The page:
TODAY, December 31, we bid farewell to the year 2019, the tail-end of the second decade of the new millennium, during which we see a new world ruled by the Internet foisted on us by information and computer technology.
Like every other year, the year 2019 had its unique ups and downs but the most outstanding events for Nigeria were the general elections of February/March, and the off-cycle governorship elections in Bayelsa and Kogi states held on Saturday, November 16, 2019.
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These elections left a bitter taste in our mouths because of the extreme violence deployed to thwart the right of the people to freely choose their leaders. They stood out for the wrong reasons unlike the 2015 elections that brought pride and good name to our country.
In spite of the massive mobilisation of all our security agencies and threats by the President that those caught tampering with the people’s right to vote would “pay with their lives,” armed men dressed in military uniforms and hoodlums were very visible and active in states like Rivers, Bayelsa, Kogi and Kano.
Though the military authorities denied that the men shown on television running riot in people’s homes and collation centres were their men, no one has been arrested and brought to book till date. The same scenario played out in Kogi and Bayelsa.
In spite of over 66,000 police personnel deployed, the Inspector General, Mohammed Adamu, later claimed his men were “overpowered” by “fake policemen”! Till date, no one has been arrested!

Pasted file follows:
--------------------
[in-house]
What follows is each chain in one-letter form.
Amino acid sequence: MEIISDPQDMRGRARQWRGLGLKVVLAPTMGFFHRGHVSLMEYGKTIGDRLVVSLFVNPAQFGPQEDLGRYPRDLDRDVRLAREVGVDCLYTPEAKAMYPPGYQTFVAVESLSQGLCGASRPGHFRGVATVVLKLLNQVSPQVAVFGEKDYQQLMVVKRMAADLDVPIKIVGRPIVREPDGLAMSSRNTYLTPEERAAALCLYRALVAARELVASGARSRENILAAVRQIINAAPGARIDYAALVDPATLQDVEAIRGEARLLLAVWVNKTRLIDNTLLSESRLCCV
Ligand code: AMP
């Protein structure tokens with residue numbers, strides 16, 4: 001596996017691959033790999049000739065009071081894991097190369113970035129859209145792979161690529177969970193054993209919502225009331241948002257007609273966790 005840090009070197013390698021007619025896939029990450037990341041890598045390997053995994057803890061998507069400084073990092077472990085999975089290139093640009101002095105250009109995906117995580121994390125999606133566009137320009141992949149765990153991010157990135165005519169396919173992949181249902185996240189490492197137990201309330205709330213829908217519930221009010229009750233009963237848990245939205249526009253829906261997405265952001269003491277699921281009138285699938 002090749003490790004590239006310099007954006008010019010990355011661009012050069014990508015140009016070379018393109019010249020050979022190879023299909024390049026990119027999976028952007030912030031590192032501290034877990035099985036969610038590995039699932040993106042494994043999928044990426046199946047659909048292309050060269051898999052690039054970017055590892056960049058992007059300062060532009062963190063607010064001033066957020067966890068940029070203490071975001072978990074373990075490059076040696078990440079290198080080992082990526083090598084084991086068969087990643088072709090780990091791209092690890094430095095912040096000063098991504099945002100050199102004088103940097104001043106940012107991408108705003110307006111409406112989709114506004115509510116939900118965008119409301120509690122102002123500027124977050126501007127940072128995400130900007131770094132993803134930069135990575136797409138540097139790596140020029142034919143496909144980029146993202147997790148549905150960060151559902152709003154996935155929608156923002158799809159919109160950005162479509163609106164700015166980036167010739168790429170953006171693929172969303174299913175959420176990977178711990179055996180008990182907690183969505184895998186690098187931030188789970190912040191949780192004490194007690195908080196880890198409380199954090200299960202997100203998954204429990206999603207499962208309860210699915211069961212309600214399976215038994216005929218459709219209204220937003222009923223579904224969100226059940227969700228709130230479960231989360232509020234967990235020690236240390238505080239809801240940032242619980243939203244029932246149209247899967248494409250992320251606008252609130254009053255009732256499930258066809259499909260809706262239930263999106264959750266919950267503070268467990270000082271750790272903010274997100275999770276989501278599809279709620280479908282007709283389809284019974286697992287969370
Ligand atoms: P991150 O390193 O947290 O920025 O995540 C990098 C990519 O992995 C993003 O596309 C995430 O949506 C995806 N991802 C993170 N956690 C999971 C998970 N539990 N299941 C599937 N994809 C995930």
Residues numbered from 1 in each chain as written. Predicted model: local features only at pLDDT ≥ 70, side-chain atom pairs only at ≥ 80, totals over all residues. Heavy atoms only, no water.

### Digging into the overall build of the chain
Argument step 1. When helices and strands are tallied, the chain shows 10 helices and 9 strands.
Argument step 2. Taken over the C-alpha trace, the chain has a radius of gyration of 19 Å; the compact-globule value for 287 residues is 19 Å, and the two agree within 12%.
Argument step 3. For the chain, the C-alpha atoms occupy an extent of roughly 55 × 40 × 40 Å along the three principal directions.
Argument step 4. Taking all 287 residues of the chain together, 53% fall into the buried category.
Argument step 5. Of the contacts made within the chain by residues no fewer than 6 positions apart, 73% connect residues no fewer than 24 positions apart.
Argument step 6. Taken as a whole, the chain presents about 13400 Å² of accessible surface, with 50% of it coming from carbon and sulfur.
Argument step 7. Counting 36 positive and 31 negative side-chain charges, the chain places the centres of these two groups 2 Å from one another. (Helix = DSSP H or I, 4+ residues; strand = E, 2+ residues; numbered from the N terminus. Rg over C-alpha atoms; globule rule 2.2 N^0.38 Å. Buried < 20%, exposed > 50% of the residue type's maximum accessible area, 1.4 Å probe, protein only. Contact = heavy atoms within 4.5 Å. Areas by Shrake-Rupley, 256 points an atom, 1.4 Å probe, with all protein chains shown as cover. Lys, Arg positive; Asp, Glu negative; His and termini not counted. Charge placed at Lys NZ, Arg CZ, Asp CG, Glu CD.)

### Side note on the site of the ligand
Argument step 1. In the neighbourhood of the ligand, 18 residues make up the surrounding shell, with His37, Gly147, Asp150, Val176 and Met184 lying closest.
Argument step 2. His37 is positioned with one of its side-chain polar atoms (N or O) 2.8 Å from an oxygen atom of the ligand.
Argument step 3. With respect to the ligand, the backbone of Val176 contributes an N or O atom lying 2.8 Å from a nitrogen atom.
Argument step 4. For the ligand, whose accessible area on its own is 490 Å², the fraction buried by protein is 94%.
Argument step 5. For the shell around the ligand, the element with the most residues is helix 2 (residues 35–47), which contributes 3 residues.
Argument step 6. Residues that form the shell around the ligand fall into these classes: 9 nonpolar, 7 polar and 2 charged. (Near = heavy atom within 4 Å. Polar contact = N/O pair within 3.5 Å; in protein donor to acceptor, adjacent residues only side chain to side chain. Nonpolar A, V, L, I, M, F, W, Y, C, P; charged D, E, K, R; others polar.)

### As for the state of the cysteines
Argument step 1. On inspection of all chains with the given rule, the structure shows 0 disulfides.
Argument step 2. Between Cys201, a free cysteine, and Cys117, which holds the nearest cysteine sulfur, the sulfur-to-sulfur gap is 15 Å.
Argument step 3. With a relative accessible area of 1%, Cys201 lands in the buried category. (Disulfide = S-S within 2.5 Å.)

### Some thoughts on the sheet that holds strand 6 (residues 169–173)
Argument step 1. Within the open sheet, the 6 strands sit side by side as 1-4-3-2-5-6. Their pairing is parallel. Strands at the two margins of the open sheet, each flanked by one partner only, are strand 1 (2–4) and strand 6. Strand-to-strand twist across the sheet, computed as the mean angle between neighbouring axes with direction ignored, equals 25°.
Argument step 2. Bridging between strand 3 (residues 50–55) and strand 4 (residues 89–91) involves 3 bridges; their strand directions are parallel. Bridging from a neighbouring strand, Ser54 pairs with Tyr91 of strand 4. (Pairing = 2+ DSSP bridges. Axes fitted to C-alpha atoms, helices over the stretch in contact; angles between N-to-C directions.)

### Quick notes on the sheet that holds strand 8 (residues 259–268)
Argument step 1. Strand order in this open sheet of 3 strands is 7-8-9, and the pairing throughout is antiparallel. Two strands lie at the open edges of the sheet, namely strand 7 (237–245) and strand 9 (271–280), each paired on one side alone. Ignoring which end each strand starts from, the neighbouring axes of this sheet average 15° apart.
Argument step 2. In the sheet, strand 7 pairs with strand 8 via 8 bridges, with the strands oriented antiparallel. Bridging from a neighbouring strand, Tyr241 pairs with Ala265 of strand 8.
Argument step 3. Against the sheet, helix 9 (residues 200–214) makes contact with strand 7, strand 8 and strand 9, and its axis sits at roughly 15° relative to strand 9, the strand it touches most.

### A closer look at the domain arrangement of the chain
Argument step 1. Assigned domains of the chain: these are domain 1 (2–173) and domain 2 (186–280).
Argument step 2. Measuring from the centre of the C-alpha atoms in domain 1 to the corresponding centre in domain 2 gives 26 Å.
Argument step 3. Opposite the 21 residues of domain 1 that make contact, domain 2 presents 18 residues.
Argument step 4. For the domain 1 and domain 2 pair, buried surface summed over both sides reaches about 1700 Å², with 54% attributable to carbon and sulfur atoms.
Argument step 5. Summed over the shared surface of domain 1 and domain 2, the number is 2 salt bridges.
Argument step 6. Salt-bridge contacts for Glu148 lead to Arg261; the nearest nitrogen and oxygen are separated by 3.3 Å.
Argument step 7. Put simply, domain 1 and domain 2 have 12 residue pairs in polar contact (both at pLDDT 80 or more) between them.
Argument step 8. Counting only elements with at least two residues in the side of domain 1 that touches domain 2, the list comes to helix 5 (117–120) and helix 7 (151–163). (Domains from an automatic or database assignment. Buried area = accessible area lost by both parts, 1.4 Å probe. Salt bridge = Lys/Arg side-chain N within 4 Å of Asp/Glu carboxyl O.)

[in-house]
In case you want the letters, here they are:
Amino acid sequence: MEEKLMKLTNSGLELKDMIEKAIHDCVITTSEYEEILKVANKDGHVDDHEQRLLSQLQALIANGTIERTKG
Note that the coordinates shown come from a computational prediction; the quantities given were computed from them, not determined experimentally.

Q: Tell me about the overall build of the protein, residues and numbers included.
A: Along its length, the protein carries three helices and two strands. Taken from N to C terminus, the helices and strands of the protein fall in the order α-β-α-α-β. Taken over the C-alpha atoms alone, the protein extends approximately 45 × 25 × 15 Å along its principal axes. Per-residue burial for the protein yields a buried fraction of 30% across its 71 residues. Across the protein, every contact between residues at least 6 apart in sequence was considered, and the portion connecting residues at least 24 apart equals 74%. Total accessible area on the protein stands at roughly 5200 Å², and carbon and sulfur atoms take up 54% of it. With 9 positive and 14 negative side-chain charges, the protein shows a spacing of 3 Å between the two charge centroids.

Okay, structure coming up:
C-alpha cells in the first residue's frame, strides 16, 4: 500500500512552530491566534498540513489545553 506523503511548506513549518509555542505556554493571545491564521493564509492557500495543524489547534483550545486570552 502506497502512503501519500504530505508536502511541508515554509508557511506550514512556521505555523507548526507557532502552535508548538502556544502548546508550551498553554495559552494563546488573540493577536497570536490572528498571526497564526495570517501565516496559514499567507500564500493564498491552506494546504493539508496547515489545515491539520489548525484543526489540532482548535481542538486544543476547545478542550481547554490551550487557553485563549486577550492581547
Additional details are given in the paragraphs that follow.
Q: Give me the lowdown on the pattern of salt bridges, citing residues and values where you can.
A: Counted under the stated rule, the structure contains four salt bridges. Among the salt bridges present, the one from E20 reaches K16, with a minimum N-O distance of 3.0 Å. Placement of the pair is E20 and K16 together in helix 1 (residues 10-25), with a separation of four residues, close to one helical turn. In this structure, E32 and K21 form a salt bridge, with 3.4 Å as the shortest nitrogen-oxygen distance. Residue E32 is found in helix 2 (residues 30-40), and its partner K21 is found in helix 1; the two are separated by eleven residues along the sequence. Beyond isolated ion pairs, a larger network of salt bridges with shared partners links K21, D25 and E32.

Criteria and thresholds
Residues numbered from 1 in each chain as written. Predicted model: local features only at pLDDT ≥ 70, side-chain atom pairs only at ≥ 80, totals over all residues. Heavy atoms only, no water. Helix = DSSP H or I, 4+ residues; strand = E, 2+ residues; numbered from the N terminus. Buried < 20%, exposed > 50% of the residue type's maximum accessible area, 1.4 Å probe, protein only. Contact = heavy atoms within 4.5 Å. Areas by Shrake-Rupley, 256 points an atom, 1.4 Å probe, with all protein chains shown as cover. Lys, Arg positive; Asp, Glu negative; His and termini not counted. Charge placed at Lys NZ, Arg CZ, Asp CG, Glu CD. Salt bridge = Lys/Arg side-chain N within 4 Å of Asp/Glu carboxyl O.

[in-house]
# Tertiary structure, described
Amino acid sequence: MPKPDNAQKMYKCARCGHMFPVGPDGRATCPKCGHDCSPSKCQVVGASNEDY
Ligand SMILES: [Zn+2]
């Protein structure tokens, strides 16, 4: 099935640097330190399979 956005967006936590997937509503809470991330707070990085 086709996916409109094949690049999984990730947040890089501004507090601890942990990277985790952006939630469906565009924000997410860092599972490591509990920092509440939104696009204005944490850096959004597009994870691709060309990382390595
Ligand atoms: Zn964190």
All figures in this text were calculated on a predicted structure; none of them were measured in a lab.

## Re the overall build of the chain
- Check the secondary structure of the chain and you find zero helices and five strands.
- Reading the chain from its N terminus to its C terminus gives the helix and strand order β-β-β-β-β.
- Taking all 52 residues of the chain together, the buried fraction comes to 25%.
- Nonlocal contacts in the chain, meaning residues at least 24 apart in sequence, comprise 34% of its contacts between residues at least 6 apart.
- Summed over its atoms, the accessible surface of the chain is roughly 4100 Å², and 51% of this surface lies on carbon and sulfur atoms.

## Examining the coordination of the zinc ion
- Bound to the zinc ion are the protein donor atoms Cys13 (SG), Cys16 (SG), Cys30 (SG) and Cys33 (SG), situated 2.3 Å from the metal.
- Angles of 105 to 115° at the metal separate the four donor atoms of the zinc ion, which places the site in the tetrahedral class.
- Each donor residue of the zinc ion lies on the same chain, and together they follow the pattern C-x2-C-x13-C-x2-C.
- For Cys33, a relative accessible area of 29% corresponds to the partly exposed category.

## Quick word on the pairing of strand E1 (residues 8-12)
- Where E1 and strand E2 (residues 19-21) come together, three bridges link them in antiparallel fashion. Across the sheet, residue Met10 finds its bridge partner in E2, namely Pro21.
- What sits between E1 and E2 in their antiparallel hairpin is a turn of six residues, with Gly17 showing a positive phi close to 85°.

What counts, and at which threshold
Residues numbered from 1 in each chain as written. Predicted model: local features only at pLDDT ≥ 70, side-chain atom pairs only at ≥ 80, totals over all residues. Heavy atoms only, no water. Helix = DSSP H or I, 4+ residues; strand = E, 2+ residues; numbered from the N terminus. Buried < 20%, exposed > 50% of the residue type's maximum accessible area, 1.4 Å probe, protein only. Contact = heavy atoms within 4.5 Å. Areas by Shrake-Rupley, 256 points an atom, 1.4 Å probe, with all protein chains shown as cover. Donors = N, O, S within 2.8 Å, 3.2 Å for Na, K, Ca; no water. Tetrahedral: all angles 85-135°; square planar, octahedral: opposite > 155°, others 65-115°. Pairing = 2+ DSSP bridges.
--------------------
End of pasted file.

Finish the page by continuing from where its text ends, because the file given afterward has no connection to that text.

The elections of 2019 were nightmares that Nigerians do not wish to experience again.
The outgoing year also witnessed the continued contraction of the democratic space, with more Nigerians languishing in detention in spite of court orders for them to be released on bail.
The Federal Government and some state governors have been helping themselves to this impunity, but the media, social media and civil society groups have embraced the struggle against impunity. This has led to the release of Col. Sambo Dasuki and Omoyele Sowore.
The outgoing year also saw the closure of Nigerian land borders to curtail the dumping of banned foreign goods in the country by smugglers. While poultry and rice farmers are happy with it, local industries are groaning while the populace have been forced to endure astronomical rises in the cost of foodstuff, especially rice.
Happily, the security situation appeared to have improved particularly with the apparent lull in attacks by armed herdsmen terrorists.
The nation’s economy, after rising out of depression about two years ago, remains fragile at 1.94 per cent GDP growth rate year-on-year in the second quarter for a country of about 200 million people, which means an increase in the poverty rate.
Goodbye 2019. We hope for better times in 2020.